The answer to this question, qualitative vs. quantitative, is the subject of a perennial debate in the field of social sciences. It is imperative to realize that there are salient differences between qualitative and quantitative research methods, which does not exclude the possibility of employing a mixed methodology. Social science researchers must develop skills in both methods to have a more well-rounded interpretation of data that is anchored on an intelligently designed hypothesis.
Quantitative methods involve gathering numerical data and statistical analysis to objectively establish trends. Qualitative methods entail deeper, more subjective, and more researcher-involved ways to ground data through the process of induction. In the study of Voojis & Van der Voort (1993), three criteria for testing the effectiveness of a critical viewing curriculum on the attitude of children towards TV violence in a crime series. These include: “a higher readiness to see violence, less approval of violence, and a lowered perceived reality of television.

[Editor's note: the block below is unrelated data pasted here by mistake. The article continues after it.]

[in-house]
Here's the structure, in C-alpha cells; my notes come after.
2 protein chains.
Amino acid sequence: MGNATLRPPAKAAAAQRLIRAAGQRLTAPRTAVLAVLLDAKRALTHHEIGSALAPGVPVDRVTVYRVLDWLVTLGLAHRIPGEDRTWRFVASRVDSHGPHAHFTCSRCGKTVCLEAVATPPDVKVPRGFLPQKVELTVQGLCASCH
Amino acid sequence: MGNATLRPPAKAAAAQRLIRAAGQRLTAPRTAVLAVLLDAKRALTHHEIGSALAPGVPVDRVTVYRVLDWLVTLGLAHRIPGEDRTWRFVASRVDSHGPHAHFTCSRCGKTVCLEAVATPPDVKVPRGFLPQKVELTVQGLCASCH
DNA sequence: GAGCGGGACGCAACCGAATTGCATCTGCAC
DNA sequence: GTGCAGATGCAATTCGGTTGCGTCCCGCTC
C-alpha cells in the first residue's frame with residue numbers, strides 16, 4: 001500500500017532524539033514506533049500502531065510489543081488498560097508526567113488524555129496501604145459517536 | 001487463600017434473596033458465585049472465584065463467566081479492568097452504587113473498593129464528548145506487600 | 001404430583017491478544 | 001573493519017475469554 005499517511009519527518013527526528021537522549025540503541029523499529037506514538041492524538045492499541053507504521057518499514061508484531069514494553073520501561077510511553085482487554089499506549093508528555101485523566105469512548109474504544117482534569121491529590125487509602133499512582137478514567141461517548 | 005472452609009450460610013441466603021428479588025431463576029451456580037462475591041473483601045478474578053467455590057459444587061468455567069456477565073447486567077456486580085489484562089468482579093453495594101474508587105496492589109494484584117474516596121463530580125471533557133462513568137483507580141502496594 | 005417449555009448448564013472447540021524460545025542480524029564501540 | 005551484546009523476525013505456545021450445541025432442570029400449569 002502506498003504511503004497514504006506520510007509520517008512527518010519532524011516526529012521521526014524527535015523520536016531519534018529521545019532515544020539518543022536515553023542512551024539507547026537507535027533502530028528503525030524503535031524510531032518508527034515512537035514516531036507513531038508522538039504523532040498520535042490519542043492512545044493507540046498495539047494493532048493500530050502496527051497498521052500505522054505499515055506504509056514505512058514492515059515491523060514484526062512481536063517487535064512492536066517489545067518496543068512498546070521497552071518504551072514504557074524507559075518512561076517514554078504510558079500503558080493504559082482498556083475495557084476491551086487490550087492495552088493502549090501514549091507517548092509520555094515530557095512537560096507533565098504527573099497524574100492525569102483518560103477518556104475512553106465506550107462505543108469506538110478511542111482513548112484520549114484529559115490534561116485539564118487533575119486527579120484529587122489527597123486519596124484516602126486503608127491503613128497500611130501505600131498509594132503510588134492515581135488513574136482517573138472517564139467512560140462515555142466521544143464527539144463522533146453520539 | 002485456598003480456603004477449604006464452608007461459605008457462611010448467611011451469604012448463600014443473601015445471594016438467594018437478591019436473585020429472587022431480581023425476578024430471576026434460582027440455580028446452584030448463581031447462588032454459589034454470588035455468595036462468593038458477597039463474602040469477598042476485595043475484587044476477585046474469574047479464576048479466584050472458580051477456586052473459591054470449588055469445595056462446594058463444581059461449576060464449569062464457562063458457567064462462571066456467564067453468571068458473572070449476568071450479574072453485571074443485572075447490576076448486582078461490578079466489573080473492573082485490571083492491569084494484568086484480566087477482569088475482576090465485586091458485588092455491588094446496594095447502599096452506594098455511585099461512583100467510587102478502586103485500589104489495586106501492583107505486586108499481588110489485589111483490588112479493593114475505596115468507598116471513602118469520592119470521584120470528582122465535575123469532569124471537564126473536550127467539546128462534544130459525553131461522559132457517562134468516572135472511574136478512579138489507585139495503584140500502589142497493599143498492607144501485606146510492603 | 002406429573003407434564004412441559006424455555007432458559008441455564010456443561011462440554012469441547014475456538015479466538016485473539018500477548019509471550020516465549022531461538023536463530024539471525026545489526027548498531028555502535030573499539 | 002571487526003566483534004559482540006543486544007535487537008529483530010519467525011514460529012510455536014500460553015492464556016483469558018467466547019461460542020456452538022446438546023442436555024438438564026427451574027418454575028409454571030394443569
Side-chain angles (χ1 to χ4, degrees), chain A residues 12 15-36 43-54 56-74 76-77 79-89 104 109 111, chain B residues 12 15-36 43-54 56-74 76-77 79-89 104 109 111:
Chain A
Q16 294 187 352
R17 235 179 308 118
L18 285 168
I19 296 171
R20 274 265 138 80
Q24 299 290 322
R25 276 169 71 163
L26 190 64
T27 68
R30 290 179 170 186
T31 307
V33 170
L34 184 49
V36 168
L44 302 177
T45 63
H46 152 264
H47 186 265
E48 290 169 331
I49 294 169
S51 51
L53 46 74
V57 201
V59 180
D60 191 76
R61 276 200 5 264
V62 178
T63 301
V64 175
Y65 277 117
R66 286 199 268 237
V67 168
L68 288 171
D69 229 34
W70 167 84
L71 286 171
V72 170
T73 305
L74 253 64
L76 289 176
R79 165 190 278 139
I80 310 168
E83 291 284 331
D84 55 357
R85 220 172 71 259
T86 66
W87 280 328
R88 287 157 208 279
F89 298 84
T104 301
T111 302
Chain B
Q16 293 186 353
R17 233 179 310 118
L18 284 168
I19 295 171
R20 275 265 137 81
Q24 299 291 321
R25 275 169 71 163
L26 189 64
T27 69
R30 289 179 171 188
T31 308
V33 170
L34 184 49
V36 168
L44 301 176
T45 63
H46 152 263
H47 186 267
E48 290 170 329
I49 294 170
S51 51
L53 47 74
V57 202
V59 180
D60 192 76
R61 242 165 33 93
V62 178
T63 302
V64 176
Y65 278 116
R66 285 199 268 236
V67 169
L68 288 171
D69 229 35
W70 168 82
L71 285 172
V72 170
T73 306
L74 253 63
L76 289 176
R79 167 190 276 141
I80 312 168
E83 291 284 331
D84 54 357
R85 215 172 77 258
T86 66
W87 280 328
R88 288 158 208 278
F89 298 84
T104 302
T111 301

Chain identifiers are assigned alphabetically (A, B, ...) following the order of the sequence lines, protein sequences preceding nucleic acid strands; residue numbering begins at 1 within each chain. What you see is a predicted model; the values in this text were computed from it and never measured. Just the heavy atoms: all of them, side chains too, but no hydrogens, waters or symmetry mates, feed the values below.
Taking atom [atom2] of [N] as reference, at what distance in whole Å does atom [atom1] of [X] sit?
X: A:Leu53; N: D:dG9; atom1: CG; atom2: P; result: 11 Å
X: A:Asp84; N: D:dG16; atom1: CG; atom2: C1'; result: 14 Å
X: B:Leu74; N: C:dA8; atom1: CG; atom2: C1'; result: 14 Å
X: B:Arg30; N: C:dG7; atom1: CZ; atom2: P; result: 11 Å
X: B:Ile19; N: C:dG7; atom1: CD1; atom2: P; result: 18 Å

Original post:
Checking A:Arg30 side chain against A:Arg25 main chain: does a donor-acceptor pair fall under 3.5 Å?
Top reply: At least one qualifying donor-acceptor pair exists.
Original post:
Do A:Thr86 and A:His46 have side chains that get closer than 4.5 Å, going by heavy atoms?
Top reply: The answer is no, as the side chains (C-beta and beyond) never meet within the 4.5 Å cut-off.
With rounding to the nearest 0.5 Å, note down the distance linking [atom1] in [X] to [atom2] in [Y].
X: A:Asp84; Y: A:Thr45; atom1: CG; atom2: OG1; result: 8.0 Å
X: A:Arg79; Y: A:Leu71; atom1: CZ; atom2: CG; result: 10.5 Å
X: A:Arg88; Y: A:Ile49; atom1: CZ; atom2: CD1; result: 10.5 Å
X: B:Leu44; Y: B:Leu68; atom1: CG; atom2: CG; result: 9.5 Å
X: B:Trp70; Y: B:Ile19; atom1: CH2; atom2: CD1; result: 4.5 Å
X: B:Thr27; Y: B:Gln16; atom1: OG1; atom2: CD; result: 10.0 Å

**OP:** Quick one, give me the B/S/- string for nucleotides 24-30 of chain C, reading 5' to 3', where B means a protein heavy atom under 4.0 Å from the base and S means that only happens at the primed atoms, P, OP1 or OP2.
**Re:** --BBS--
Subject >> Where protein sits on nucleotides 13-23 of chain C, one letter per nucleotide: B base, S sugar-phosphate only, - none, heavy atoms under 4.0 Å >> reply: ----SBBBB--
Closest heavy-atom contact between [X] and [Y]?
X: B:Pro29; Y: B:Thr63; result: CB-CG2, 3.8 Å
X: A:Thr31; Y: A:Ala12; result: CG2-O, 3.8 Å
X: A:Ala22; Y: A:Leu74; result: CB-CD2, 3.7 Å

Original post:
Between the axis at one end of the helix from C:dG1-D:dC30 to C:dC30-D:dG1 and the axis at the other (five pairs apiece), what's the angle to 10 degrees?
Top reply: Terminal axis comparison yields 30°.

The answer to the question above is in the negative. Had Voojis & Van der Voort chosen the qualitative path, their finding that there was little difference in the perceived reality and attitude in the violence of the good guys would be elucidated more completely. There would be no need for an analysis of variance between the correlating demographic and biographical factors. The change in the 2 year duration after the curriculum would be measured best through qualitative methods to check why there was no significant effect afterwards.
While the quantitative study was excellent in pinpointing “the extent to which the curriculum bridged the gap between children’s judgments of violent programs and those of adults,” the “why” of such a gap was not answered. Thus, there should be a combination of both qualitative (in depth interviews, participant observation of the children viewing TV) and quantitative methods (pretest/posttest/retest control design) for greater reliability.